Help stop illicit trade

Consumer Goods Council launches hotline to report on illicit manufacturing and trading

The Consumer Goods Council of South Africa (CGCSA), in partnership with its members in the manufacturing and retail industry, has launched a toll-free hotline number the public can use to anonymously report information about illicit and counterfeit manufacturing and trading of products in South Africa.

Abraham Nelson, the Council's head for the crime risk initiative (CRI) says the toll-free number (0800 014 856) is one of the initiatives by CGCSA to protect its members from illicit and counterfeit manufacturing and trading of various product such as alcohol, cigarettes, food, pharmaceuticals and clothing. It also serves to protect consumers from harmful products.

“One of the biggest threats to economic order and growth as well as to the fiscus in South Africa is the trend of counterfeiting and illicit trade. That is why CGCSA has, through the support of its members, launched a toll-free number so that members of the public can anonymously report any suspected illicit manufacturing and trading activities,” says Nelson.

Callers will be guaranteed anonymity and they will never be requested to provide any information that may compromise their identity.

He says the illicit economy thrives on counterfeit and fake goods, and is estimated to account for as much as 10% of the SA economy. It is estimated that the South African Revenue Services (SARS) could be losing moer than R8-billion every year from the sale of illicit cigarettes alone.

Nelson says in South Africa, the most counterfeited goods are alcohol, cigarettes, footwear, clothing, leather goods, electrical equipment, watches, medical equipment, perfumes, toys, jewellery and pharmaceuticals. Globally, trade in counterfeit and pirated goods has risen steadily in the last few years and was last year estimated at 3.3% of global trade, according to a report by the Organisation for Economic Co-operation and Development (OECD) and the EU’s intellectual property office.

Nelson says the information provided on the hotline will first be verified by CRI in conjunction with law enforcement agencies and other relevant authorities before appropriate action can be taken.

“We will work closely with law enforcement agencies such as the South African Police Service (SAPS) and SARS, as well as the relevant parties in the consumer goods industry, to ensure that we enforce the country’s laws related to counterfeiting, consumer safety and infringement on the rights of brand owners,” Nelson says.

He says callers will be guaranteed anonymity and they will never be requested to provide any information that may compromise their identity. The toll-free number will be operational Monday to Friday, from 8am to 5pm. Callers will still be able to provide information outside these hours by leaving information via voice message.

“CGCSA looks forward to further meaningful and practical solutions to deal with both illicit and counterfeit trade, and as an industry body, we are ready, through our crime risk initiative, to work with our members and government to ensure that we protect our members and consumers for the betterment of all in our country,” Nelson says.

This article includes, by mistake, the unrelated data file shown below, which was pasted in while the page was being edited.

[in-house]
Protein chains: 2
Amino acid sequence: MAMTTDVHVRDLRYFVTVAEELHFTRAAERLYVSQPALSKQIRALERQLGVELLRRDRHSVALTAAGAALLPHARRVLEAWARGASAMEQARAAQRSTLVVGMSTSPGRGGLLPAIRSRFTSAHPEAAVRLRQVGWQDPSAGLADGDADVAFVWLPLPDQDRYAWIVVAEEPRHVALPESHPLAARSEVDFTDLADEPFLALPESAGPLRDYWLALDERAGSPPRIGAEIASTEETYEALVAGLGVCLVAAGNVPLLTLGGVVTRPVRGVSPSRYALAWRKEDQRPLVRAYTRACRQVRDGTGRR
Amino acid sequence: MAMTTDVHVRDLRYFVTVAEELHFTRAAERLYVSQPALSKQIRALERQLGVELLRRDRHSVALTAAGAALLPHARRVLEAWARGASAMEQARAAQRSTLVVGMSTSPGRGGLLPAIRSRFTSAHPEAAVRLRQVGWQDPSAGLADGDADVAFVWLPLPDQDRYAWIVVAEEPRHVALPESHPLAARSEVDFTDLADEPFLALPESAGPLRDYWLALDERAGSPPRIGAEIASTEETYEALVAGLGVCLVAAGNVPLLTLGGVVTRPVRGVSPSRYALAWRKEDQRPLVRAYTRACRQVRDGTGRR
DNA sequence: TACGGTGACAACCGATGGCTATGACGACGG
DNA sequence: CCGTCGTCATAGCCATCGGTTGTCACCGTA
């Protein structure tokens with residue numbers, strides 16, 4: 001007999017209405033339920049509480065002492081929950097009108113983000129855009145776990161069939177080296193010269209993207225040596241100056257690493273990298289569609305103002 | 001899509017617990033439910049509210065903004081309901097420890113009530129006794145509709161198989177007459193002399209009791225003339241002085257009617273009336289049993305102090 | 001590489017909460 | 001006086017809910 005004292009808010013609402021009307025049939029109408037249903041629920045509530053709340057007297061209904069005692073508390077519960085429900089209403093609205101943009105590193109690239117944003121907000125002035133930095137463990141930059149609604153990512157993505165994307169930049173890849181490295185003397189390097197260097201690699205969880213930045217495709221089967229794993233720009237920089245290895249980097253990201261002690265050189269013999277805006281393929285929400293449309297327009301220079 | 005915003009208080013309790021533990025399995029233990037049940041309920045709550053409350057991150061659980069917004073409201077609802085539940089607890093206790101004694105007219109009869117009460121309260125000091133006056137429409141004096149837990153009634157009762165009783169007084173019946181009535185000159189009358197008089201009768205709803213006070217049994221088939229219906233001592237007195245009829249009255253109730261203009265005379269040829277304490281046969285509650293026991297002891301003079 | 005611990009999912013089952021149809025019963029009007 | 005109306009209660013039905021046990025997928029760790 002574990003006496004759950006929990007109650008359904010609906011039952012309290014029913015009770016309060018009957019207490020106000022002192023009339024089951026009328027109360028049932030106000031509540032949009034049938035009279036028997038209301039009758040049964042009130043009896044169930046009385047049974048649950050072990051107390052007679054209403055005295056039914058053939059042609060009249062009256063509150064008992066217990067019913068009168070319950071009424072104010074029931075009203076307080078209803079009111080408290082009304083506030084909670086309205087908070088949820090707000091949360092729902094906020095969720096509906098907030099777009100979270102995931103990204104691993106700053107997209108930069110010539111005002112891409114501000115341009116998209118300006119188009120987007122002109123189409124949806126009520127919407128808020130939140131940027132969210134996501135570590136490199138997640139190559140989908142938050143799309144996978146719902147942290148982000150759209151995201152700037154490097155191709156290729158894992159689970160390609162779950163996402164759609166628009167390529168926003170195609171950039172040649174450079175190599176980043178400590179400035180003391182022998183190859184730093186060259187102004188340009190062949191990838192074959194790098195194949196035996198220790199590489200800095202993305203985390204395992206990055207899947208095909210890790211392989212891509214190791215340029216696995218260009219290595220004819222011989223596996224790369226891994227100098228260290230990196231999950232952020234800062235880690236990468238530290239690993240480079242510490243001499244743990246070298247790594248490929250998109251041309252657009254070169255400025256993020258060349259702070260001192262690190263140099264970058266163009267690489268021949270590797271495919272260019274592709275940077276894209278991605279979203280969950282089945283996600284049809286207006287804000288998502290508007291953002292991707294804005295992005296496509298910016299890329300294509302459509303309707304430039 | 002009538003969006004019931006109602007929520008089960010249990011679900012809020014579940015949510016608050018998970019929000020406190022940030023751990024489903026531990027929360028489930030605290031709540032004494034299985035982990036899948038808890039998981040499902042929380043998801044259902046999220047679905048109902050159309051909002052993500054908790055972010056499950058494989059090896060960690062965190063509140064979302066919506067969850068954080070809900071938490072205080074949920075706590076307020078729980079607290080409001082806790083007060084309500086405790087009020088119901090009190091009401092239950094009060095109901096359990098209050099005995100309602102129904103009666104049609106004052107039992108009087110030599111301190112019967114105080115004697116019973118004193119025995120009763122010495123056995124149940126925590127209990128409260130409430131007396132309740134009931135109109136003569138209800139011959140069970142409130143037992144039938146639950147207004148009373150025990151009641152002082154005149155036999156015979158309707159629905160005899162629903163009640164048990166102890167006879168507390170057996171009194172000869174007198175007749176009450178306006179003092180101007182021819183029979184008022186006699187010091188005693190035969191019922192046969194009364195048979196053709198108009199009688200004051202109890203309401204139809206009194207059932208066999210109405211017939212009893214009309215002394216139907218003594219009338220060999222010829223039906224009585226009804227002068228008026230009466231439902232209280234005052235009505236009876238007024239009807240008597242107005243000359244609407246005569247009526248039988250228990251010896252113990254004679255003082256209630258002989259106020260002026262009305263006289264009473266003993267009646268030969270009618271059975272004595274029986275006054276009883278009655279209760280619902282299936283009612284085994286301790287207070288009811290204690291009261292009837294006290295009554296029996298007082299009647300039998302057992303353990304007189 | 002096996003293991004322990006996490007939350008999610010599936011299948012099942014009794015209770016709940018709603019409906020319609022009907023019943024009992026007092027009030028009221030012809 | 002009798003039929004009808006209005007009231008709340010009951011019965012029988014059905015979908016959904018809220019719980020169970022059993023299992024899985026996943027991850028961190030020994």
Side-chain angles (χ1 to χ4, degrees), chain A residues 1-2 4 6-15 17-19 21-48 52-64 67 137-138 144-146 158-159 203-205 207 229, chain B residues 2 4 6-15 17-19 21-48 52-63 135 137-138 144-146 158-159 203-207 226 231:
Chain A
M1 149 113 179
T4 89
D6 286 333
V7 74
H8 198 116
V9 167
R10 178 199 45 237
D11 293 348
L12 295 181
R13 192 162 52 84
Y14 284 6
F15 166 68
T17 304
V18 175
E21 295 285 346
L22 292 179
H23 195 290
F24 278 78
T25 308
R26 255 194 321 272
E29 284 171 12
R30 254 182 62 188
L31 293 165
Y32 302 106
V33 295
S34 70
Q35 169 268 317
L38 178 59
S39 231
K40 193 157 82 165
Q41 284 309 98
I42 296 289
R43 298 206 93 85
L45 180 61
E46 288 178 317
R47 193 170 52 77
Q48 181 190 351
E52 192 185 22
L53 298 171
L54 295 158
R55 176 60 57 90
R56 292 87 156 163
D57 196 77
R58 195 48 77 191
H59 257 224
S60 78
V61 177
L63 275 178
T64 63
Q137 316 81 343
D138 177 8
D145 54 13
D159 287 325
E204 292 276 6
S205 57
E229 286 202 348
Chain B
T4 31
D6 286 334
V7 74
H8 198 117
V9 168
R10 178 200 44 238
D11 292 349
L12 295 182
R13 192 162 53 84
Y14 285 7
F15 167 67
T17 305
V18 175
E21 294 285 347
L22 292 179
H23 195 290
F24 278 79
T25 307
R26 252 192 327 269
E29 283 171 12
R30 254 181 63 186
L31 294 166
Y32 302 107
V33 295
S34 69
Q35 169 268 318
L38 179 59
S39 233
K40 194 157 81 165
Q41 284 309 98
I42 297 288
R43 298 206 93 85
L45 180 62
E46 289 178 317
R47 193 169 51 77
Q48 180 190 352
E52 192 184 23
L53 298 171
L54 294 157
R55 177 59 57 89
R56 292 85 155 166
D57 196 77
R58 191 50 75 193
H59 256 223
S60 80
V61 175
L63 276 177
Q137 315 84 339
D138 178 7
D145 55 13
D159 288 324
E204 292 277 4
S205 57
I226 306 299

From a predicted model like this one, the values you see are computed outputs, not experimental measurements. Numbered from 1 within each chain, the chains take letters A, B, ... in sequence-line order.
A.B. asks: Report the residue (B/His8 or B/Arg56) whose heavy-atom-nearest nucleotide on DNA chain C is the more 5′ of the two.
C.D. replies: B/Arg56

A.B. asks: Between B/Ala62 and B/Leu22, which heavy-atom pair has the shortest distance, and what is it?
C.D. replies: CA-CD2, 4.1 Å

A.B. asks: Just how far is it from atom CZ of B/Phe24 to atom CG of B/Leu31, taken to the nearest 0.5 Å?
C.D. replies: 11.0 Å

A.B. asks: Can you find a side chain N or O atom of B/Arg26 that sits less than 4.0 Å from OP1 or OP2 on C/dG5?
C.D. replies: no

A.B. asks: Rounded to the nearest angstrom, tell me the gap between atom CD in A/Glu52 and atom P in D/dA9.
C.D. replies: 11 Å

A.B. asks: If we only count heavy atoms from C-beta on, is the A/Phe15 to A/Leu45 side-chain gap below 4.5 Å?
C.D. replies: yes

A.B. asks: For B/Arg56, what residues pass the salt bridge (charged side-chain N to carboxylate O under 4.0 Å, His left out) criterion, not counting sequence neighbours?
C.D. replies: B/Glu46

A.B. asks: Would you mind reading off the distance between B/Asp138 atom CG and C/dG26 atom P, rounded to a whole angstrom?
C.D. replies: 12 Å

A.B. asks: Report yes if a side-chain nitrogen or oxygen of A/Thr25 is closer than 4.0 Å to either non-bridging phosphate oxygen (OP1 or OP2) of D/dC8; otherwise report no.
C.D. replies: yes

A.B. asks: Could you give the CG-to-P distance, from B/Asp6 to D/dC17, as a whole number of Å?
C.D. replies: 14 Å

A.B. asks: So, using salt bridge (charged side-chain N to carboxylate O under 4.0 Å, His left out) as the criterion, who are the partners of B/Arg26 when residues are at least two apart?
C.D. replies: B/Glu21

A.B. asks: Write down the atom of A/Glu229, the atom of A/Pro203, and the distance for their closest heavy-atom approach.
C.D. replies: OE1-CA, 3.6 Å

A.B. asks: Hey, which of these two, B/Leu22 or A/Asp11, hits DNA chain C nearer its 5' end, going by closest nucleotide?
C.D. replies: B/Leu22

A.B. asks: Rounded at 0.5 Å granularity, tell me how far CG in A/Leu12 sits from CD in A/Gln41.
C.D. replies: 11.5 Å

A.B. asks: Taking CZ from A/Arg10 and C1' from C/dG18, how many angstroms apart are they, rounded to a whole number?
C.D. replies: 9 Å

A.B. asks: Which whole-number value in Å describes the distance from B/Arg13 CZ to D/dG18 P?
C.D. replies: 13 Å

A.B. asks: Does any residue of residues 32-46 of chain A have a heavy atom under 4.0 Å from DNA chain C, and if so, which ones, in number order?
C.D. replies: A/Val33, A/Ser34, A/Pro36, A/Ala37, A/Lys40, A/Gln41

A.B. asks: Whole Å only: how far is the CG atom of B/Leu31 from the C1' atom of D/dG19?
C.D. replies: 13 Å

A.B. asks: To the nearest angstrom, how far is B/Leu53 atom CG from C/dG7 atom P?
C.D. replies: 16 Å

• The hotline number is 0800 014 856.
  • The toll-free number will enable members of the public to report illicit manufacturing and trading in counterfeited products.
  • Information provided will be treated in confidence and once verified, will be shared with law enforcement agencies such as SAPS and SARS.
  • The hotline will be manned during business hours from 8am to 5pm, Monday to Friday. There is an after-hours facility to leave messages.


  • Counterfeit manufacturing and trading mostly affect such products as alcohol, cigarettes, food, pharmaceuticals, and clothing. The most counterfeited goods are footwear, clothing, leather goods, electrical equipment, watches, medical equipment, perfumes, toys, jewellery and pharmaceuticals.
  • The three major areas of impact from counterfeit products are: one, consumer safety from trading in and sale of counterfeit products such as medicines, medical devices, food, toys, consumer electronics, alcohol and tobacco; two, the economic effect, resulting from reduced market for legitimate brand owners, which in turn means reduced government income through taxes; and three, national security, due to the danger posed by counterfeiting in electronic components for military and defence equipment, which is a potential national security risk
  • The countries most affected by counterfeiting in 2016 were the United States, whose brands or patents were concerned by 24% of the fake products seized, followed by France at 17%, Italy (15%), Switzerland (11%) and Germany (9%).
  • There are four main categories of illicit trade:
  1. Undeclared local production, where products are manufactured and sold for consumption in the same country and are not declared to the local excise authorities and therefore excise is not paid. These products may be manufactured in approved factories, or they may be manufactured in illegal covert operations.
  2. Smuggling through illegal trading of goods across borders
  3. Counterfeiting, where goods that imitate the characteristics of genuine goods are produced. Linked to counterfeiting is piracy, where goods are reproduced without the authority of the owner, and
  4. Transit fraud, which involves the evasion of customs and duties. Diversion may occur when goods that should have been exported from the country are illegally entered into the commerce of the country.